Consent conversations with young people take centre stage for the second year this winter. The Court Theatre is pleased to welcome YES YES YES – an award-winning touring show exploring sex, consent, and healthy relationships created by Eleanor Bishop and Karin McCracken - to the stage and to Canterbury youth audiences this winter.
Featuring a solo performance by McCracken, the show is designed to bring consent conversations (and barriers to them) into the spotlight. It was originally developed from an earlier play examining rape culture and consent called Jane Doe that Bishop created whilst in the United States, and which McCracken performed in New Zealand. With McCracken’s experience of teaching consent education in schools, the two created YES YES YES in 2019, specifically with a young teenage audience in mind.
YES YES YES shares the stories of two teen couples whose seemingly similar relationship experiences become widely divergent due to their understanding - or lack of - consent. “It stimulates and opens conversations amongst teens, and between them and the adults in their lives, at a time when these issues are actually arising for them” says Bishop.
YES YES YES was developed with advice from Rape Prevention Education and, to ensure its relevance to a teen audience, with input from year 13 students in Auckland. It has continued to draw on the experiences and thoughts of young people, weaving these into the show in the form of video, and fictionalised versions of real events which are read out by audience volunteers. Over its three touring seasons it has continued to update this input, ensuring its relevance and authenticity.
Touring the main centres of New Zealand, YES YES YES is performed in theatres to which schools and public audiences are invited because “theatres provide a safe and neutral environment for what can prove challenging topics” says Bishop.
Rather than discouraging the use of cell phones, as theatres usually do, YES YES YES incorporates these into the show as well. “We plan pauses in the performance and ask audience members to text in feedback using a web-based polling app, then the results are displayed in the projections. We enable young people to see what their peers are thinking, anonymously, and safely” McCracken adds, which is vital as their research with young people have shown that two of their biggest influences are their peers and the media they connect with.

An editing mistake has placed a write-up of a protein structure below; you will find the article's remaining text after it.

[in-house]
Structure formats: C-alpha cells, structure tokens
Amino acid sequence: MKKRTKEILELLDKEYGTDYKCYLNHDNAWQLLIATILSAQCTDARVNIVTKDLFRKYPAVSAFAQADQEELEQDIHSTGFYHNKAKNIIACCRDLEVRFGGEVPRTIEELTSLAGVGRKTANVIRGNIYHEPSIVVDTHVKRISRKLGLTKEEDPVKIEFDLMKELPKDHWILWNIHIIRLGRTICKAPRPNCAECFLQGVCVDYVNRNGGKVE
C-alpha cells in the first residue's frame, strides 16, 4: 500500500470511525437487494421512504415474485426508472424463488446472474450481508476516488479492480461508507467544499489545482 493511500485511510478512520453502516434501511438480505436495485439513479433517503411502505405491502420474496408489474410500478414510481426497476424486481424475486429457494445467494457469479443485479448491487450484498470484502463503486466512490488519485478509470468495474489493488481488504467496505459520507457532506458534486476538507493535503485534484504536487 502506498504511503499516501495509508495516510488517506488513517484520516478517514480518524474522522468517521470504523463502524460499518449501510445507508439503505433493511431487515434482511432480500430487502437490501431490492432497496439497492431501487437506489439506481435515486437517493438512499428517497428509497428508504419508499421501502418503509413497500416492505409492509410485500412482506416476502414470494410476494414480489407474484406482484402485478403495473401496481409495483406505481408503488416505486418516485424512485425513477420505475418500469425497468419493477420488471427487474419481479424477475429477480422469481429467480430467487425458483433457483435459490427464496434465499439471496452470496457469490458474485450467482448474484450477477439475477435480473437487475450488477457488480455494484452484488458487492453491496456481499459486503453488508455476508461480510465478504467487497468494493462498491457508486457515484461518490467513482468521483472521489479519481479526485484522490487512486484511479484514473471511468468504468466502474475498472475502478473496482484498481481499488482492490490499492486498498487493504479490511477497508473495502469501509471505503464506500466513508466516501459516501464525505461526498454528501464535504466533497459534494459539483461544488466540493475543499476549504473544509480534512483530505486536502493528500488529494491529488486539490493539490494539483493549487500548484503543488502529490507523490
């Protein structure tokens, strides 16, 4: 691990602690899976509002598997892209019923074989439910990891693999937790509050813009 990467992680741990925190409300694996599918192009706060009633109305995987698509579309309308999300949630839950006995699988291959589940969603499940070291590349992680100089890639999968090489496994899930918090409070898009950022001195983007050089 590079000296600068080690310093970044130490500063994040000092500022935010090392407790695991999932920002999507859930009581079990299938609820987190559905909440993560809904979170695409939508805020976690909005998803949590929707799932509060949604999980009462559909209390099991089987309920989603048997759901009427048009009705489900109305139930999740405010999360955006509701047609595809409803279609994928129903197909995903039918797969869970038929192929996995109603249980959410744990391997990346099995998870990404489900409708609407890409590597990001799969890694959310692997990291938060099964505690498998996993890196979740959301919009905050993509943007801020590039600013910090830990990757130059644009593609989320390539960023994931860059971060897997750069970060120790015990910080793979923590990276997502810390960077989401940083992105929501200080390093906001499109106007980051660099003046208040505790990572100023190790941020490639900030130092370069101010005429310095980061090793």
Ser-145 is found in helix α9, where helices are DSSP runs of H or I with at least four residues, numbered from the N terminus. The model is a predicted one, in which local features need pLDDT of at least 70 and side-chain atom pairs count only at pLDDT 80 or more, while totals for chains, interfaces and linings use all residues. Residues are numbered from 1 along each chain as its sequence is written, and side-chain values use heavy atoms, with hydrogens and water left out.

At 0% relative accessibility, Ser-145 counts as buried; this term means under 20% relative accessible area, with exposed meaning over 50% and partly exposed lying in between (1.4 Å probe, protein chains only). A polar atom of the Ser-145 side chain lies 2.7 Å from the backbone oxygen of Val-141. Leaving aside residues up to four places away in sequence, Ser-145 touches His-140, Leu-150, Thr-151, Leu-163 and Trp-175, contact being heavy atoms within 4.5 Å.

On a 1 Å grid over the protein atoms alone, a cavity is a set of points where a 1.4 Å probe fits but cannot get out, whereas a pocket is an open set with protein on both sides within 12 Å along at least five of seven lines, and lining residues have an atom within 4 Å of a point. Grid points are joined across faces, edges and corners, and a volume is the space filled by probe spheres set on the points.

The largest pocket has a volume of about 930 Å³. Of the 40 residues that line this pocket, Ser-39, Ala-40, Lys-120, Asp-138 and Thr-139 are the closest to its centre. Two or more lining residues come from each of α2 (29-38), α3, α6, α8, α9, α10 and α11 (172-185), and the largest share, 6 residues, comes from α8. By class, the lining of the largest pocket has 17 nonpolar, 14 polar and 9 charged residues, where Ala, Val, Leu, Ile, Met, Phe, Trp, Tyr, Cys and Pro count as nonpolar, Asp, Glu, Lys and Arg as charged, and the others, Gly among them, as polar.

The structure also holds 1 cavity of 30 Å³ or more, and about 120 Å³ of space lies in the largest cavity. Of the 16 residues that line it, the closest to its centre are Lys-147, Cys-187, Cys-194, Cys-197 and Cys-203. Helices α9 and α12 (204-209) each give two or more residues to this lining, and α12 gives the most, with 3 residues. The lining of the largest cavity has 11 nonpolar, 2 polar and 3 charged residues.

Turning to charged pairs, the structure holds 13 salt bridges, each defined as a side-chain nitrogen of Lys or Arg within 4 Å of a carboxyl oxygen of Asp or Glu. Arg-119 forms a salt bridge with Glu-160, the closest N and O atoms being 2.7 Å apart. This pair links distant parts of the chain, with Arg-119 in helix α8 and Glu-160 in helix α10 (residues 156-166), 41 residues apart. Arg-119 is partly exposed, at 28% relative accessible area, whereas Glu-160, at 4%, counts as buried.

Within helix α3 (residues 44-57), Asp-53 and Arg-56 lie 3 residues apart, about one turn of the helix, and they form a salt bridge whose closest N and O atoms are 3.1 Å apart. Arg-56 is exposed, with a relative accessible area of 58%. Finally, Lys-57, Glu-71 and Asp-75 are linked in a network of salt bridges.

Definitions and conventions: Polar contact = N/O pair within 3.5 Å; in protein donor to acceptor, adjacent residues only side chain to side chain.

Because of the topics YES YES YES deals with and the conversations it hopefully generates are not confined to the theatre space, performances of YES YES YES are supported by resources for health and drama teachers, as well as a pre-viewing document and full show video.
The praise for YES YES YES - from its teen audiences to parents and teachers, and beyond - has been widespread. “We get a range of reactions to the show” says McCracken. Familiarity is a main one, and for older audience members, “there’s a lot of gratitude that things are different now”.
“If you have teens or not, def recommend YES YES YES...Asking questions about consent … it knows itself & its audience so well. Powerful, helpful work.” - Kate Prior, Pantograph Punch
“My 14 year old son and I went – the show was a catalyst for conversations we’d never had. This is a really, really good show for anyone with teenagers and wannabe nearly teenagers.” – Parent